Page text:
SDGs and the common language of understanding impact in sustainable finance
Debt-market-relevant institutions are increasingly integrating the UN sustainable development goals (SDGs) into their sustainability agendas, with potential consequences for green and social funding. The critical role of the SDGs is to provide a common language for capital-markets participants to assess impact.
While large companies can legitimately claim to have some interaction with all 17 SDGs, the consensus appears to be that the optimal strategy is to focus on the goals in which an organisation can have the most meaningful impact.
Responsible Investment Association Australasia (RIAA) hosted a webinar on 10 July in which industry leaders shared their SDG strategies and progress. The organisations involved all have sustainability policies which predate the SDGs, and they say integration with the goals is more about developing a common language to facilitate things like sustainable funding.
Eliza Mathews, Sydney-based associate director, sustainable finance at ANZ, says the SDGs broadly correlated with the bank’s existing purpose and corporate-sustainability framework. This led to the identification and selection of nine SDG goals that fit into the framework which ANZ used to issue the first-ever SDG bond from an Australian issuer.
Of these nine goals, six are currently being addressed by funds raised from the €750 million (US$876.1 million), five-year deal. “Importantly, it is not only the goals we are looking at addressing but the specific targets and indicators that fit within those goals,” says Mathews.
Our investment committee has approved new responsible-investment policies, which is how we formally brought the SDGs into our investment process. This not only guides how we invest, but also how we engage with companies and our external fund managers.
One of the most commonly expressed criticisms of the green-bond asset class is that it directs financing exclusively to existing qualifying assets – in effect, that it allows issuers and investors to label their ‘good’ assets but does not facilitate funding of more complex, but potentially more meaningful, environmental transition. Some market users believe the SDGs provide solid foundations for a more dynamic sustainable capital market.
With a business model based on the use of toll roads, Matthew Brennan, head of sustainability at Transurban in Sydney, acknowledges that a certain level of carbon intensity is currently unavoidable for the company. At the same time, when the company studied the individual SDGs Brennan says it discovered consistent alignment with Transurban’s established sustainability aspirations.
The company has launched initiatives based around specific SDGs in areas Transurban can have a significant impact, such as in helping customers facing financial hardship, encouraging carpooling to decrease emissions, increasing road safety and designing and operating roads in ways that reduce emissions and congestion.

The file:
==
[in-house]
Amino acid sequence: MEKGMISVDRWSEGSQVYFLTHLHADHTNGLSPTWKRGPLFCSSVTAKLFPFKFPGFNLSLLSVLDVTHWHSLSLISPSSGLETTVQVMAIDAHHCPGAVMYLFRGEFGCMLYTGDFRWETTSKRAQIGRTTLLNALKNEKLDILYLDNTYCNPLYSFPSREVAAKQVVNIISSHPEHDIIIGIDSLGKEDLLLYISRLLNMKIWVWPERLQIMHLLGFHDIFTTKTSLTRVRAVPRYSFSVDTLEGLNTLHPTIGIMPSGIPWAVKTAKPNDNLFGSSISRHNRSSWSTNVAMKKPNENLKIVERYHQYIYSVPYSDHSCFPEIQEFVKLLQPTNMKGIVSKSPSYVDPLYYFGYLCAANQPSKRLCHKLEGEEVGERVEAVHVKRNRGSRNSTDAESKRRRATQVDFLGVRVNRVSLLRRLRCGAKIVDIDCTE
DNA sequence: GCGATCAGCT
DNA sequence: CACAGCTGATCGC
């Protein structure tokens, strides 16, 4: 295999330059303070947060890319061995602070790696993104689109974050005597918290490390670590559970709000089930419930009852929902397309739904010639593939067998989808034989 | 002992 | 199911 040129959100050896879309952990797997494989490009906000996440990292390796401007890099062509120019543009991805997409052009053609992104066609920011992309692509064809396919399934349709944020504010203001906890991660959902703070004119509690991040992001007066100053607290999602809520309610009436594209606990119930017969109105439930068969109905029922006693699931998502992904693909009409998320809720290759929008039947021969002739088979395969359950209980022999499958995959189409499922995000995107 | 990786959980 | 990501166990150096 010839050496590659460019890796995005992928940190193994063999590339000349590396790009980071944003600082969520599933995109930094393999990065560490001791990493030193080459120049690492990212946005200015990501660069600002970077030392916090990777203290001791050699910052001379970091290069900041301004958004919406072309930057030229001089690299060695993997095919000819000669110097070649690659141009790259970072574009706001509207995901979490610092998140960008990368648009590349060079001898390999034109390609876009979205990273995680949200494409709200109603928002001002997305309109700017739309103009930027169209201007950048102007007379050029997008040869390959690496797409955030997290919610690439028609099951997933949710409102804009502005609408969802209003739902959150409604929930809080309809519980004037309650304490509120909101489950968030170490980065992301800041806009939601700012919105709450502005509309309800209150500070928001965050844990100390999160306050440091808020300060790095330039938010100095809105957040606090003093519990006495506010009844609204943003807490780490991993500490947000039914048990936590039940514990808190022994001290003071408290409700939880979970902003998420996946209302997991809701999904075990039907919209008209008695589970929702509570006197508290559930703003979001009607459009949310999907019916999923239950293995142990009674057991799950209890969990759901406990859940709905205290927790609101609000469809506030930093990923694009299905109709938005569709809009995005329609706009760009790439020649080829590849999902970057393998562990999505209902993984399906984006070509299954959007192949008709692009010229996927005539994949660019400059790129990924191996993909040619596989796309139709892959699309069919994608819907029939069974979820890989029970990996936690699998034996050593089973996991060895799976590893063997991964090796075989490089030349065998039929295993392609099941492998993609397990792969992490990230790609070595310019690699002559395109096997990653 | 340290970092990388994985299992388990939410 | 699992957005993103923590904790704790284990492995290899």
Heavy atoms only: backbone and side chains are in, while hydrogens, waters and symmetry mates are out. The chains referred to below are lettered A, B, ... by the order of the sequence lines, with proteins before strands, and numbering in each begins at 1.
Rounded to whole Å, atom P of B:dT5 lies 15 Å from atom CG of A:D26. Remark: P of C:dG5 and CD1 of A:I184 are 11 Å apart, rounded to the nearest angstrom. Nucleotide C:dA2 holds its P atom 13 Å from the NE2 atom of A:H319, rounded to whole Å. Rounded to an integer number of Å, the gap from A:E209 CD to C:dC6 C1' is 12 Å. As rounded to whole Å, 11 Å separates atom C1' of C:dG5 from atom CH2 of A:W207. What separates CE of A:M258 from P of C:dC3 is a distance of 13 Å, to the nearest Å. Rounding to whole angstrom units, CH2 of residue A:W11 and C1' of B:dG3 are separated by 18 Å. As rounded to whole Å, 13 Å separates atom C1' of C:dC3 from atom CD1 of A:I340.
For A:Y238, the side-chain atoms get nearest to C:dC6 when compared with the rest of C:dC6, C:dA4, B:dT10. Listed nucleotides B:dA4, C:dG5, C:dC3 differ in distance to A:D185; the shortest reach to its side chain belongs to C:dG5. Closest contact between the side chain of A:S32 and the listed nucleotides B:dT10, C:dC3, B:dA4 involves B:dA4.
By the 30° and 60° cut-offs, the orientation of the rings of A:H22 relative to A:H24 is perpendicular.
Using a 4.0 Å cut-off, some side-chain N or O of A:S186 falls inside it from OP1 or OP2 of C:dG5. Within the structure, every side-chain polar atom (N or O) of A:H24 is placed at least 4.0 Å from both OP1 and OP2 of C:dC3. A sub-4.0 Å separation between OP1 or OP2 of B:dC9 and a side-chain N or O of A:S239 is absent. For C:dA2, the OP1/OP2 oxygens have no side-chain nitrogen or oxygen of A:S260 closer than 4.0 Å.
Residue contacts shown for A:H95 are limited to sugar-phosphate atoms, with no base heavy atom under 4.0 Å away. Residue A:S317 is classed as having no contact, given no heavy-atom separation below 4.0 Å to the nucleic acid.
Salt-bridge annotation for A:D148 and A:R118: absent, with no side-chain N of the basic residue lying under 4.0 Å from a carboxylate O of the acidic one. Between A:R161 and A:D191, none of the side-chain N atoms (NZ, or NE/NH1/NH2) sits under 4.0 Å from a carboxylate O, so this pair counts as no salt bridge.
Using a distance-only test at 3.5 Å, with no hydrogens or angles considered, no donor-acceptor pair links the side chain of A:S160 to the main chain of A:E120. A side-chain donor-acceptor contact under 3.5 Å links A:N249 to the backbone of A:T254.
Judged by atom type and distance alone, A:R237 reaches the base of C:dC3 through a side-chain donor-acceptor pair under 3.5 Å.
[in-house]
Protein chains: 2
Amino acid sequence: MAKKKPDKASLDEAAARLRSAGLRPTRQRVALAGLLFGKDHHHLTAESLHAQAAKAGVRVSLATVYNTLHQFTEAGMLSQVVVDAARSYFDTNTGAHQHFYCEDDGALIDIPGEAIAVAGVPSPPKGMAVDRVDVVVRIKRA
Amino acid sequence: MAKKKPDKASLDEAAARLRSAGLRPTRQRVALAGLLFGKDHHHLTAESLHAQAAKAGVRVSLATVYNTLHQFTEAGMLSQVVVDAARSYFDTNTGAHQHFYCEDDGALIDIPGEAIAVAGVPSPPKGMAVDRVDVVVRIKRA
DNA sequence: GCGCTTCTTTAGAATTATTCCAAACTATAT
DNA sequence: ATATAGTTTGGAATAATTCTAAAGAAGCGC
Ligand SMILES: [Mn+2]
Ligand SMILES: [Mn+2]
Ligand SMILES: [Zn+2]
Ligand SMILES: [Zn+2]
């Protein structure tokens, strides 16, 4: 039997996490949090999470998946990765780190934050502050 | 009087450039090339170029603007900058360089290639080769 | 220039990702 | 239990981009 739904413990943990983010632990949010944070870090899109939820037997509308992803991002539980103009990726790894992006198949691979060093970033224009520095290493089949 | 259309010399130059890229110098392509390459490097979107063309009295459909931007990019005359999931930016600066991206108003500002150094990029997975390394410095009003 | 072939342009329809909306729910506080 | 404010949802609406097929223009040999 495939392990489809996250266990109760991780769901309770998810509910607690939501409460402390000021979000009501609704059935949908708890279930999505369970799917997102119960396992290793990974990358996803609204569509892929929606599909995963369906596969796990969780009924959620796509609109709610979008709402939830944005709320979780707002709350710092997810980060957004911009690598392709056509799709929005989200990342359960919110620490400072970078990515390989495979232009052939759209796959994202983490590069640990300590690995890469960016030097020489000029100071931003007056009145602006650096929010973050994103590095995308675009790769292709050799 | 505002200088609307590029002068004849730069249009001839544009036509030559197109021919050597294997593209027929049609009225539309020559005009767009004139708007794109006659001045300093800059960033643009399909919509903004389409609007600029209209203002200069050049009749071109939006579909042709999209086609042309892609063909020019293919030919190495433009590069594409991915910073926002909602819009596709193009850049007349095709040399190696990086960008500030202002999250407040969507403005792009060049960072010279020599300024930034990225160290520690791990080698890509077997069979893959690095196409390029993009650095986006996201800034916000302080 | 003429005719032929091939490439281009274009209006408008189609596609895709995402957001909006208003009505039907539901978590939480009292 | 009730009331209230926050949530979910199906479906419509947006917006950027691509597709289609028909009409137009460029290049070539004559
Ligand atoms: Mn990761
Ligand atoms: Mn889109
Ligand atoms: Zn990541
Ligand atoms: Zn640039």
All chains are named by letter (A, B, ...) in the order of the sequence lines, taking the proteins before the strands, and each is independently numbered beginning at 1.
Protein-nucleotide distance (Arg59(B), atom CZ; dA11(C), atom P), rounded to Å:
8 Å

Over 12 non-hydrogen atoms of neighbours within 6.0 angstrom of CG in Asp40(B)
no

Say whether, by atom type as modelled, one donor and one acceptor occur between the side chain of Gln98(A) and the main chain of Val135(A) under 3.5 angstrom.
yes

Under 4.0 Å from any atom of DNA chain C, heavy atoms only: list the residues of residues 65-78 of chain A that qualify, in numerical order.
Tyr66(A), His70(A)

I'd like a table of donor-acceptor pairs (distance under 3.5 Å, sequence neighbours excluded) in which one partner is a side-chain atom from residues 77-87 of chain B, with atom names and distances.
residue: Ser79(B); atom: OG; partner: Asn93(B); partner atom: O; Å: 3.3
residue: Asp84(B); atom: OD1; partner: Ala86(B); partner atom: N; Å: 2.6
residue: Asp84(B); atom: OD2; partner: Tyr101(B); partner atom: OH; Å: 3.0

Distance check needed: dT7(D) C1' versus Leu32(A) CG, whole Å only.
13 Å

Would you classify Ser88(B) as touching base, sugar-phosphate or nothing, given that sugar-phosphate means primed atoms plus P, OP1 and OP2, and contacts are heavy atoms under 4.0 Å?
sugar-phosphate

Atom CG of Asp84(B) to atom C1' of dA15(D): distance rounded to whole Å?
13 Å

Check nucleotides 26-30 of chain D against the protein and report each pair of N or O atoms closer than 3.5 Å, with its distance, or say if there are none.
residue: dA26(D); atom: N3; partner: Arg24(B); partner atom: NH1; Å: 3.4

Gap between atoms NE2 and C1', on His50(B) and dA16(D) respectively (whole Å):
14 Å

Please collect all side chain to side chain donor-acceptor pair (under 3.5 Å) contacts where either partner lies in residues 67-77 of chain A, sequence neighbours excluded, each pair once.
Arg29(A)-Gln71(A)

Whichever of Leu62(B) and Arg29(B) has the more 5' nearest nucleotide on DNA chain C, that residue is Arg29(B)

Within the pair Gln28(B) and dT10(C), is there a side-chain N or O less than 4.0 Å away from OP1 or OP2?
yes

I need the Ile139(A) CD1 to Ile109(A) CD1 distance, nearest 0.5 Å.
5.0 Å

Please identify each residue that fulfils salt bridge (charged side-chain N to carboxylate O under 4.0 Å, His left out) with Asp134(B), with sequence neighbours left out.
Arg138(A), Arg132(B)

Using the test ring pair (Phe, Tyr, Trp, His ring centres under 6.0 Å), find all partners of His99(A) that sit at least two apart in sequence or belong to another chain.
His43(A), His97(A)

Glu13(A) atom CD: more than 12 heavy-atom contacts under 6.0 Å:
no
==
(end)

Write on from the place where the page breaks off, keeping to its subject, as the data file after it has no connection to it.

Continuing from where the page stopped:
On the investor side, asset managers say identifying goals they can address through their investment choices is helping move the conversation around responsible investment to a focus on positive impact rather than risk management.
Piet Klop, senior advisor responsible investment at PGGM in Zeist, reveals that the pension fund has chosen four areas in which it wants to have impact: climate, water, food and health. It has therefore chosen to focus on the specific SDGs that relate to these.
“We wanted to map the solutions we could think of to each of the targeted SDGs. Once this was done we could establish rules and criteria by which investments qualify as sustainable development investments,” he says.
Closer to home, Nicole Bradford, Melbourne-based portfolio head, responsible investment at Cbus Super, says the fund has integrated the SDGs into its process. “Our investment committee has approved new responsible-investment policies, which is how we formally brought the SDGs into our investment process. This not only guides how we invest, but also how we engage with companies and our external fund managers,” says Bradford.
We are more focused on the measurement of tangible impact. Ultimately the purpose of aligning with the SDGs is to demonstrate and measure real difference rather than the euro value.
The critical piece
Identifying SDGs that are a good fit with a company’s sustainability agenda or an investor’s goals is one thing. The next step is quantifying impact. Proving that a company’s commitment to certain SDGs is having real-world effects is the critical piece in assessing the impact of corporate SDG alignment.
Market participants broadly acknowledge that reporting on the impact of company decisions is one of the most important and challenging aspects of SDG integration. Klop says some funds in Europe have established how much of their portfolios are SDG-compliant and have thus been able to assign a euro value to compliance.
This is impressive at face value, but Klop argues it that it is probably not the end game for SDG integration on the buy side. “We are more focused on the measurement of tangible impact. Ultimately the purpose of aligning with the SDGs is to demonstrate and measure real difference rather than the euro value,” he says.
Mathews acknowledges the ongoing importance of ensuring that ANZ’s SDG bond complies with the framework set out for it. The bank is committed to reporting on the use of proceeds semi-annually and the impact annually.
Furthermore, it is important that the funds continue to be fully allocated to assets that align with ANZ’s chosen SDGs. “The assets are mostly amortising loans so we want to ensure full allocation throughout the life of the bond. We monitor the assets on a monthly basis and continue to analyse our loan books for assets that qualify against the criteria,” says Mathews.